You might need the assistance of a financial advisor or professional life insurance agent to help you find a life insurance policy that is affordable and will meet the future needs of your loved ones. Ask friends for a referral or find a Certified Financial Planner online.
3. You have business partners
If you own a business and have partners, each of you will be affected financially when one of the partners dies. A “buy-sell agreement” drafted by an attorney can avoid a long, drawn-out legal battle when a partner passes away.
A buy-sell agreement funded by life insurance allows partners to pay the survivors of the partner that died a sum of money equal to that partner’s share of the business.
So if you have a partner and you own 50% of a business worth $1 million, the life insurance policy will pay $500,000 to the deceased partner’s estate, and the surviving partner will own the business 100% and not have unqualified or unwanted business partners.
4. You might want to have kids in the future
If you think you might want young ones someday, the time to buy life insurance is before you have them. If possible, you always want to purchase life insurance when you’re younger and healthy.
That way, you can buy a larger death benefit at a lower cost than if you wait. If you’re in your 20s, you’ll find a 30-year term life policy to be very affordable.
5. You live with a significant other or roommates
Does your financial contribution keep the household running? A life insurance policy can replace your contribution and take a lot of pressure off the person or people you live with if you die.
You don’t need to buy enough life insurance to provide them with income for the next 10 years; enough to pay your share of the rent for the remainder of a lease is adequate.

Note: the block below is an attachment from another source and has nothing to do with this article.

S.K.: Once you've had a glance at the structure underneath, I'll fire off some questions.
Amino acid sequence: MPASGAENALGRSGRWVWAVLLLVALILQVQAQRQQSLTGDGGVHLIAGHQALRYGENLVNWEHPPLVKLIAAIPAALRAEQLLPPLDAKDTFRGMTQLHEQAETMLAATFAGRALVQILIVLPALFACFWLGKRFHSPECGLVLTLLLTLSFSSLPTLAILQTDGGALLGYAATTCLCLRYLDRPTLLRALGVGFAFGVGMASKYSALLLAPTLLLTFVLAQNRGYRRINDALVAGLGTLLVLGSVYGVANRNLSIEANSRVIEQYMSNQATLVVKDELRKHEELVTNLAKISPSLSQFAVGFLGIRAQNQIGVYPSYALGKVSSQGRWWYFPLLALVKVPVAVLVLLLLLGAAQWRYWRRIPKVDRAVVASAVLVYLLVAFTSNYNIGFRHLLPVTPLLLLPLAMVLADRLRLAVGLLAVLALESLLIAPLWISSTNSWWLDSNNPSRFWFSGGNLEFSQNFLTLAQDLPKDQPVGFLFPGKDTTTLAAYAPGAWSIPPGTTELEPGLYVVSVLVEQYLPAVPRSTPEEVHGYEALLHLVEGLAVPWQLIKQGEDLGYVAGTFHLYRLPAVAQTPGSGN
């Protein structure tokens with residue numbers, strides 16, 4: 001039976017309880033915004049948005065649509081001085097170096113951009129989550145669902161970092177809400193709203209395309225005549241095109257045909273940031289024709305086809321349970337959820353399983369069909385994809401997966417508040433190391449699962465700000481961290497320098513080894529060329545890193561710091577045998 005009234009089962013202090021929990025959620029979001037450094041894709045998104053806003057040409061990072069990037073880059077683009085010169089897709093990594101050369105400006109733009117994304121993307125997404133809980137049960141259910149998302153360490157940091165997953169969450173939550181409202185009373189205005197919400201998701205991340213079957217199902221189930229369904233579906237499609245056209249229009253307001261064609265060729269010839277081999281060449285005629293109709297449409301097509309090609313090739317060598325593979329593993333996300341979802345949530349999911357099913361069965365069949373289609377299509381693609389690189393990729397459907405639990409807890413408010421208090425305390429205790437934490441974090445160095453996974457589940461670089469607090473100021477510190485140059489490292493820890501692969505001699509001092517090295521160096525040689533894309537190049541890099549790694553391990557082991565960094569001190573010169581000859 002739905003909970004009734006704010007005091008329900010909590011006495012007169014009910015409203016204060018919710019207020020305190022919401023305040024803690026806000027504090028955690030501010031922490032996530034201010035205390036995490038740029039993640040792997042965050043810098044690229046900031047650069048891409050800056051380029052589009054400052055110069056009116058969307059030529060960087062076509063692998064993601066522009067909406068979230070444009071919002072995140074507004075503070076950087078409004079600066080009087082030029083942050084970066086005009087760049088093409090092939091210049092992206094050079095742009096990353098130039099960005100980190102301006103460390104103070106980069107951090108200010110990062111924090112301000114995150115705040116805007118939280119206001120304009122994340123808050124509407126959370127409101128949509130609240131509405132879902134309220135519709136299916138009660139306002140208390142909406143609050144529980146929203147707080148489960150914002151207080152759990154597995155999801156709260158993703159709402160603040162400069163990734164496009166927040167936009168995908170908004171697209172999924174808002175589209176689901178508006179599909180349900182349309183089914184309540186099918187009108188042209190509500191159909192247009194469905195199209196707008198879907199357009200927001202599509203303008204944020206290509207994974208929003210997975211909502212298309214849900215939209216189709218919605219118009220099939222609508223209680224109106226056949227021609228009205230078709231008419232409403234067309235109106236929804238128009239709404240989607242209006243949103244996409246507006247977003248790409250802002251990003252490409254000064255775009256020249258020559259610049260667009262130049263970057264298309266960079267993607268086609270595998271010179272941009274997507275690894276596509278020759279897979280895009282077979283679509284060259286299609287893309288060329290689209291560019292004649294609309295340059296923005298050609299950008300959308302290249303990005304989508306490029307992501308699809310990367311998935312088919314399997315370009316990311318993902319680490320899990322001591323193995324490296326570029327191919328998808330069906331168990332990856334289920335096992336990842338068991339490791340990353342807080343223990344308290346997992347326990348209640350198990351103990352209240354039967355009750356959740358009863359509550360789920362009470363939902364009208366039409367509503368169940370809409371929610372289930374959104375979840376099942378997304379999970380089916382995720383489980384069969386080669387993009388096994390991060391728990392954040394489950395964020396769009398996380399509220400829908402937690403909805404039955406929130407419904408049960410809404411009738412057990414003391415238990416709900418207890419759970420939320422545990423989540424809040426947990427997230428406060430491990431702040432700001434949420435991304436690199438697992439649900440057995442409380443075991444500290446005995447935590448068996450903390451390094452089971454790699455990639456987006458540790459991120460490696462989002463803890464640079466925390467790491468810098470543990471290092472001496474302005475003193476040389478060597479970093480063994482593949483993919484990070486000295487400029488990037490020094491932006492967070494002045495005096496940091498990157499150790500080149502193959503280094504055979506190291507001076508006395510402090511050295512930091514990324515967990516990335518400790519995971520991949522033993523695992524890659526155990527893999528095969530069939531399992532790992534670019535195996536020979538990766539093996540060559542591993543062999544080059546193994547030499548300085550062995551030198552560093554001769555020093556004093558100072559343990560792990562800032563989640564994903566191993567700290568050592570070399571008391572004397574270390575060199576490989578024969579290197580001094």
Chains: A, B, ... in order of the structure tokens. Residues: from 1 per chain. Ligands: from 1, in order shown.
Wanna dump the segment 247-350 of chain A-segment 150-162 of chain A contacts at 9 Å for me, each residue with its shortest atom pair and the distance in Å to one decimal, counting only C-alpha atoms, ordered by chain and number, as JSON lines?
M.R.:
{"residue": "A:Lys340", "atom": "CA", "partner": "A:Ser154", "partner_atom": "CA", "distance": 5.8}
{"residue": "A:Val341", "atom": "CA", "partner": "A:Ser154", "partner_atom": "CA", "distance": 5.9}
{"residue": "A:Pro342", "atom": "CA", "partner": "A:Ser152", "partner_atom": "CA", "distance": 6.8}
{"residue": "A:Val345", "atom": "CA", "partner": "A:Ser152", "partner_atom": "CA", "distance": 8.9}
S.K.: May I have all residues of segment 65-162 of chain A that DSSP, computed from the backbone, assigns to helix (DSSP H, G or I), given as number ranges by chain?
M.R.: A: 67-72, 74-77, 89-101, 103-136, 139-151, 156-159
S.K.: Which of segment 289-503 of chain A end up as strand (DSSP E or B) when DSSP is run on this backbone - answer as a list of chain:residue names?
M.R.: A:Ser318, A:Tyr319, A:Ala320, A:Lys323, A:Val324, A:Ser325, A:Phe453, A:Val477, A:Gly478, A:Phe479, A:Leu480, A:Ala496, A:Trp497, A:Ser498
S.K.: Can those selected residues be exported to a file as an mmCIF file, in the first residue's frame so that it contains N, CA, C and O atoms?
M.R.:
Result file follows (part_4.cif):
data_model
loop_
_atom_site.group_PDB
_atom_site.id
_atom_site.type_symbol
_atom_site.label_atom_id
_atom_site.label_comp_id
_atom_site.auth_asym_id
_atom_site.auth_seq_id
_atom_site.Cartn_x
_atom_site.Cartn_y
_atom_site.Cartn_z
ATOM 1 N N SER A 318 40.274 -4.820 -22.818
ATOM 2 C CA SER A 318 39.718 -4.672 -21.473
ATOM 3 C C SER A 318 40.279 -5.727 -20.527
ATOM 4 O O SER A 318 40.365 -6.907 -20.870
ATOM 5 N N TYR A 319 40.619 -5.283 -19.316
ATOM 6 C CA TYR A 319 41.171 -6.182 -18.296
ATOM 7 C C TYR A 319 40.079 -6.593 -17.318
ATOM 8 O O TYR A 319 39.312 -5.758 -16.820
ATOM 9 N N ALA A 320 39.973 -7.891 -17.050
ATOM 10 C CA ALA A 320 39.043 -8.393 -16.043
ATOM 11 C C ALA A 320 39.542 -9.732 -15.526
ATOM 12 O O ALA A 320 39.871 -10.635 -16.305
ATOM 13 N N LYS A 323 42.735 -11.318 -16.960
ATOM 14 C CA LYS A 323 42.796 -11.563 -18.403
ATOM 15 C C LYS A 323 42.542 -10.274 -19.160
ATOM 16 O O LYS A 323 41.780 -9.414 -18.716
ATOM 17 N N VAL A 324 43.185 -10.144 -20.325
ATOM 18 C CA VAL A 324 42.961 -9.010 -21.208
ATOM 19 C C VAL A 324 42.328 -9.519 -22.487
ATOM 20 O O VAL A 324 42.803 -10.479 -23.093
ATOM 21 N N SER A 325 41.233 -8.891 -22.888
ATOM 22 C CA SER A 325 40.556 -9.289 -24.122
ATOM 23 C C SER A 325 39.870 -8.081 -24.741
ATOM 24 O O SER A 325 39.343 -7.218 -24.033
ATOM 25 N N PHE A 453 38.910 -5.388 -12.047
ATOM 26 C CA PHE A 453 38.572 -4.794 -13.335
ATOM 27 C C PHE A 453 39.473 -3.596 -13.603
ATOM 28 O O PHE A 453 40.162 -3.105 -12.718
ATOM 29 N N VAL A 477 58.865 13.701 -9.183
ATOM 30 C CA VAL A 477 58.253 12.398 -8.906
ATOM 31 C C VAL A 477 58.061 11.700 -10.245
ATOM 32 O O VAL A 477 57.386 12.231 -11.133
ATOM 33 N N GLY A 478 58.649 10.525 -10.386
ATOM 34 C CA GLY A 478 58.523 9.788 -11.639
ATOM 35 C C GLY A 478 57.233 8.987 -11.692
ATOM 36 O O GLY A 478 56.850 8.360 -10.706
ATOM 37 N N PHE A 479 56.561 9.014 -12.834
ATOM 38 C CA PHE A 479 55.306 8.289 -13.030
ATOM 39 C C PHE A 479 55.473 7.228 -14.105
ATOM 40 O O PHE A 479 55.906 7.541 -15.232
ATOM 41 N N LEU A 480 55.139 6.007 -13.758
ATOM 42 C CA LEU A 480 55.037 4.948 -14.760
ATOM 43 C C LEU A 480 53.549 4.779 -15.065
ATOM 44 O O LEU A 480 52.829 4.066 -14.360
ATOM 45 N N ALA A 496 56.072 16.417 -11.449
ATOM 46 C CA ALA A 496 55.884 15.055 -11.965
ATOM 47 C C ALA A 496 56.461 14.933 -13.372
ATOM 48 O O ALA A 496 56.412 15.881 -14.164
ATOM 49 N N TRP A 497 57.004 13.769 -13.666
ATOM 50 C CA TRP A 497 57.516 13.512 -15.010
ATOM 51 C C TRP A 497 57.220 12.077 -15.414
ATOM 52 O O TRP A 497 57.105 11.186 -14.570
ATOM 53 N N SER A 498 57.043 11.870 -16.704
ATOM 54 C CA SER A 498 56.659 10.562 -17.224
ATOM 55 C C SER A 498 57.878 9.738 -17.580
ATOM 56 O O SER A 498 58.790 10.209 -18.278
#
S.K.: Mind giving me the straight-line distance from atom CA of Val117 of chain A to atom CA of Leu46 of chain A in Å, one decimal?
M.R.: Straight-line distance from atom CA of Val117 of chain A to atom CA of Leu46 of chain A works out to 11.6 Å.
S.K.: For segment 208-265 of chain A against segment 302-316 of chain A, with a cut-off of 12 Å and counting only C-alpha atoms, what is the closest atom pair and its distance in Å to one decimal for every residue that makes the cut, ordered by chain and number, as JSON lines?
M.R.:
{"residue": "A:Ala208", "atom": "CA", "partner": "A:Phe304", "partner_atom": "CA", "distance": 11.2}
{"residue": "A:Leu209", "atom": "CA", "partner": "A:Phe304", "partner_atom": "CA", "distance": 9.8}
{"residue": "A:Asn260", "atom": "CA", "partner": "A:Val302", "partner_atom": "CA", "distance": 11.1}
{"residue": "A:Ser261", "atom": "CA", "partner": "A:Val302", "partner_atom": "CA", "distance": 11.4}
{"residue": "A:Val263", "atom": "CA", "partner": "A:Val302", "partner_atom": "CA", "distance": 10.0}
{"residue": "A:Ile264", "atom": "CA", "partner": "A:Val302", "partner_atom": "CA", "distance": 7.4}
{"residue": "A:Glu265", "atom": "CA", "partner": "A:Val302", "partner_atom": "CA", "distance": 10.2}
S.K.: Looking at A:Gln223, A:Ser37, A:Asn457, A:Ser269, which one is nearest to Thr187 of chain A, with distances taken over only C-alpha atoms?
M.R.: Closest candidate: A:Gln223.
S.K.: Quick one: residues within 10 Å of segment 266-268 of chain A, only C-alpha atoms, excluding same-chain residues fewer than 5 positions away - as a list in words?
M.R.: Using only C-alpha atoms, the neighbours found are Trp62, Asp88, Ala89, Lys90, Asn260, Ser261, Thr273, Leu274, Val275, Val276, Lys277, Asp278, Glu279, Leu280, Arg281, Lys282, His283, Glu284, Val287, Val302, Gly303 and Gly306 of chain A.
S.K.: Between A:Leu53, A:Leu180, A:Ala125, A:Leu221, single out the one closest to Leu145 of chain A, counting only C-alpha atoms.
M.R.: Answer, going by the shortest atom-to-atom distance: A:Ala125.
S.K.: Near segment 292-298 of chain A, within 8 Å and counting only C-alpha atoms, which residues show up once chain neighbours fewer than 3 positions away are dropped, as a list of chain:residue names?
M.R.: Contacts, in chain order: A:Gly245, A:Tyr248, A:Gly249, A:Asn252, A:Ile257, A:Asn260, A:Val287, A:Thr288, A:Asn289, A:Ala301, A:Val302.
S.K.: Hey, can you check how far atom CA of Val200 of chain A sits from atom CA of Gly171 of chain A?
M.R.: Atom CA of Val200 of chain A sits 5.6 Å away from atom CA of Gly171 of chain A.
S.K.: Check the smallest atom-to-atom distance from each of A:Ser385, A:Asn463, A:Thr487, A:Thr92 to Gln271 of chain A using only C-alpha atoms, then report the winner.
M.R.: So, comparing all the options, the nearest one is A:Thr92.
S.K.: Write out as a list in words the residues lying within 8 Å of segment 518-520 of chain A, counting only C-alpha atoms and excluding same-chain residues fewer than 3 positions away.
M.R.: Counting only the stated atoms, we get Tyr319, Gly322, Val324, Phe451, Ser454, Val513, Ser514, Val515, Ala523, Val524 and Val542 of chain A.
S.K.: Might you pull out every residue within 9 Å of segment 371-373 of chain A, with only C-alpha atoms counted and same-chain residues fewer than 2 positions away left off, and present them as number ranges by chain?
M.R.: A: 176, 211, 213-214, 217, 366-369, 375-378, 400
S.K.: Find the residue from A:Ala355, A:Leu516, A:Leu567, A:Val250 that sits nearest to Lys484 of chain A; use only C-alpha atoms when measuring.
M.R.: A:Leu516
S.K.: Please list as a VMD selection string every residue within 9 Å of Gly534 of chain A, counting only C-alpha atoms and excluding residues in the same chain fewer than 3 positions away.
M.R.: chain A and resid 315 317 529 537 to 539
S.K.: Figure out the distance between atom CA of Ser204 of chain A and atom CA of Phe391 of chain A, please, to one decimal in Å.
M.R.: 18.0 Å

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6. Your family’s health history isn’t favorable
Many diseases and disorders are hereditary. For example, if your parents and their parents had diabetes or heart disease, you’re at a much higher risk of having the same conditions.
Buying life insurance while you’re healthy and can still qualify medically is a wise move. You’ll have peace of mind knowing that if you are married and have a family when you’re older, your loved ones will have the financial security you want them to have.
7. Someone is going to need to pay your final expenses
Another reason why life insurance is important for any single person is that if you don’t leave money behind for your funeral, cremation, burial, and other final expenses, someone you care about will have to assume the responsibility for those costs.
Final expenses can easily exceed $10,000. To help cover these expenses when you die, a small term life insurance policy of $10,000 to $25,000 is inexpensive. It can save someone else from having to come up with a lump sum of cash at what may be a very difficult time for them emotionally.
It doesn’t take long to apply for and get approved for a life insurance policy when you’re young and single. You may not even need any type of medical exam when you apply.
Situations Where a Single Person May Not Need Life Insurance
Life insurance companies and their agents will not tell you this, but not every single person needs life insurance. Most do, but not all.